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For many manufacturers, retail distributors, ports and logistics service providers (LSPs), optimizing operations in the warehouse / sorting centres and on the road consume a very large portion of their digitization efforts. The Yard often gets overlooked, though there exist significant opportunities for improving productivity and reducing costs. Through this article, Pradeep Kumar Chaudhary, Transportation Practice, Tata Consultancy Services, looks at various ways the Internet of Things (IoT) can be harnessed for ‘closing the gap’ in the yard and taking the leap for digital efficiencies.

YARD Operations are applicable for various types of logistics operations, including manufacturing and retail distribution companies with large yards where trucks come in, go out and move between buildings for bringing in raw materials or moving out finished goods; material handling equipment or vehicles meant for internal movement deployed for transferring work-in-progress goods from one facility to another; large LSPs with warehouses and cross-dock operations having significant traffic of inbound and outbound trucks that require tracking and control; and port terminals with facilities for import / export container storage and movements.
Most yard processes however, are manually driven with a high propensity for errors. Even if a Yard Management System (YMS) is being used, the siloed enterprise systems provide limited visibility of what’s happening at an aggregate level on a real-time basis. The result is inefficiencies in the system, rising costs and low productivity.

Challenges in Yard Management

  • Manual paper-based processes
  • Error-prone operations
  • Limited visibility
  • Siloed systems
  • No predictive insights
  • Uncontrolled costs
  • Pressure on cycle times
  • Requirements of rapid scaling during peak season.

Enter IoT:

‘IoT’ is no longer a buzzword but has started touching our everyday lives. Our homes, cars, watches, televisions, air conditioners are becoming smarter through connectivity to the Internet and intelligent software running in the background. Watches now inform us of an incoming call. Window blinds open or close automatically as per sunlight direction. Cars remind us of preventive maintenance based on usage. Uber is a great example of a company, which connected multiple smartphones together through a platform and a mix of devices, big data analytics and machine learning to radically change the way we travel.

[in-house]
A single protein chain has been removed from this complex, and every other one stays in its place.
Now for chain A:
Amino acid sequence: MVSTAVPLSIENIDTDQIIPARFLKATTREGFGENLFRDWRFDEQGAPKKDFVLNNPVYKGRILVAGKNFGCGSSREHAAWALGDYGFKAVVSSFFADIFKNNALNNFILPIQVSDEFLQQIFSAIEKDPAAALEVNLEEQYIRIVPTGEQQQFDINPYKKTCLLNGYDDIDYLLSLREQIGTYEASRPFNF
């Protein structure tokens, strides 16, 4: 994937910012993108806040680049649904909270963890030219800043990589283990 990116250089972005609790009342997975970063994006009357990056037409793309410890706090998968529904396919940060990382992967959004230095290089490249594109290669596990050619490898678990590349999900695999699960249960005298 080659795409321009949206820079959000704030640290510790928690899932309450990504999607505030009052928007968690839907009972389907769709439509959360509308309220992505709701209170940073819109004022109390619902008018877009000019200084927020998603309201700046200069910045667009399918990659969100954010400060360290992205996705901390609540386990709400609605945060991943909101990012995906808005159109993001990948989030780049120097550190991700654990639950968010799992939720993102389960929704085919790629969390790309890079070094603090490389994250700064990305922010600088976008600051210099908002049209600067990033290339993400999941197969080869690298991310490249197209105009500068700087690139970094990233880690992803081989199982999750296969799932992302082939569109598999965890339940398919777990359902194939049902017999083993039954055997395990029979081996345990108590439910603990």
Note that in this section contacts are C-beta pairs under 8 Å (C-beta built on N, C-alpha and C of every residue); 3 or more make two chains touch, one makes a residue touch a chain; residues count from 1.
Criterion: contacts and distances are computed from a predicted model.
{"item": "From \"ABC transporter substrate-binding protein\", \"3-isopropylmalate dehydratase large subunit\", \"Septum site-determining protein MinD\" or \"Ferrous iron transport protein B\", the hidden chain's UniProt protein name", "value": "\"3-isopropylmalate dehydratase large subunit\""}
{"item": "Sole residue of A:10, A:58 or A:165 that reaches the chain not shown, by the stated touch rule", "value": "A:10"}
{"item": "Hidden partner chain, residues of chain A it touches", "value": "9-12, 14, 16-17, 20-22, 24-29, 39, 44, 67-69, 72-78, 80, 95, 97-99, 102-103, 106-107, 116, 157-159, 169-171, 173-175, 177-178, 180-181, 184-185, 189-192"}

IoT is influencing our personal lives and how businesses operate. By 2020, Gartner estimates Internet-connected things will outnumber humans 4-to- 1, creating new dynamics for marketing, sales and customer service. Logistics is a critical and complex component of the supply chain.
Focusing just on yard operations within Logistics – An IoT enabled ecosystem using a fusion of sensors, analytics and cognitive technologies can bring about the sophistication and insights required into streamlining activities.

Yard-as-a-Service:

A connected Yard can offer opportunities to capitalize on existing assets through an ecosystem of participating companies.

a) Driver Relay Point / Parking Point

Based on real-time vehicle movements and projected availability of vacant spaces in the yard, the space can be rented out on a marketplace like app to participating entities viz., other Logistics Service Providers for either temporary parking of vehicles or driver relay points. The yard can serve as a cross-docking location for a driver exchange event. Long haul truck movements operated by a single driver can be changed to two to three drivers operating the same route in turns. This helps the drivers making shorter and more trips and be closer to their home; in turn motivating them to continue being on their job since one of the reasons for the decline in the number of drivers available is low quality of life. More than 25% of drivers return to their home base only after eight days, as per a report from Niti Aayog.

b) Visibility

Visibility is by far the most important aspect of a shipment. Customers today demand granular levels of visibility – right from origin to destination. Since all vehicles in the yard are tagged with sensors, their real-time location can be communicated to concerned parties. A full vehicle can have material worth lakhs of rupees inside and customers would desire a real-time location view of their assets. Providing visibility services to customers like location, expected docking time, expected departure time, exceptions et al can be a great value-add.

In conclusion

The Yard should be seen as an equally important piece to the transportation jigsaw. Inefficiencies exist not only on the road but also inside the four boundary walls of the facility. By leveraging the power of IoT, manufacturers, retail distributors, LSPs, terminal operators and their customers can gain insights and efficiencies through real-time, data-driven and connected processes that amalgamate yard operations with other enterprise operations and thus provide value to the entire ecosystem. The future belongs to customers who have gone digital and to ecosystems that are digitized. Digital is now more of a core requisite than an add-on to enterprise requirements.


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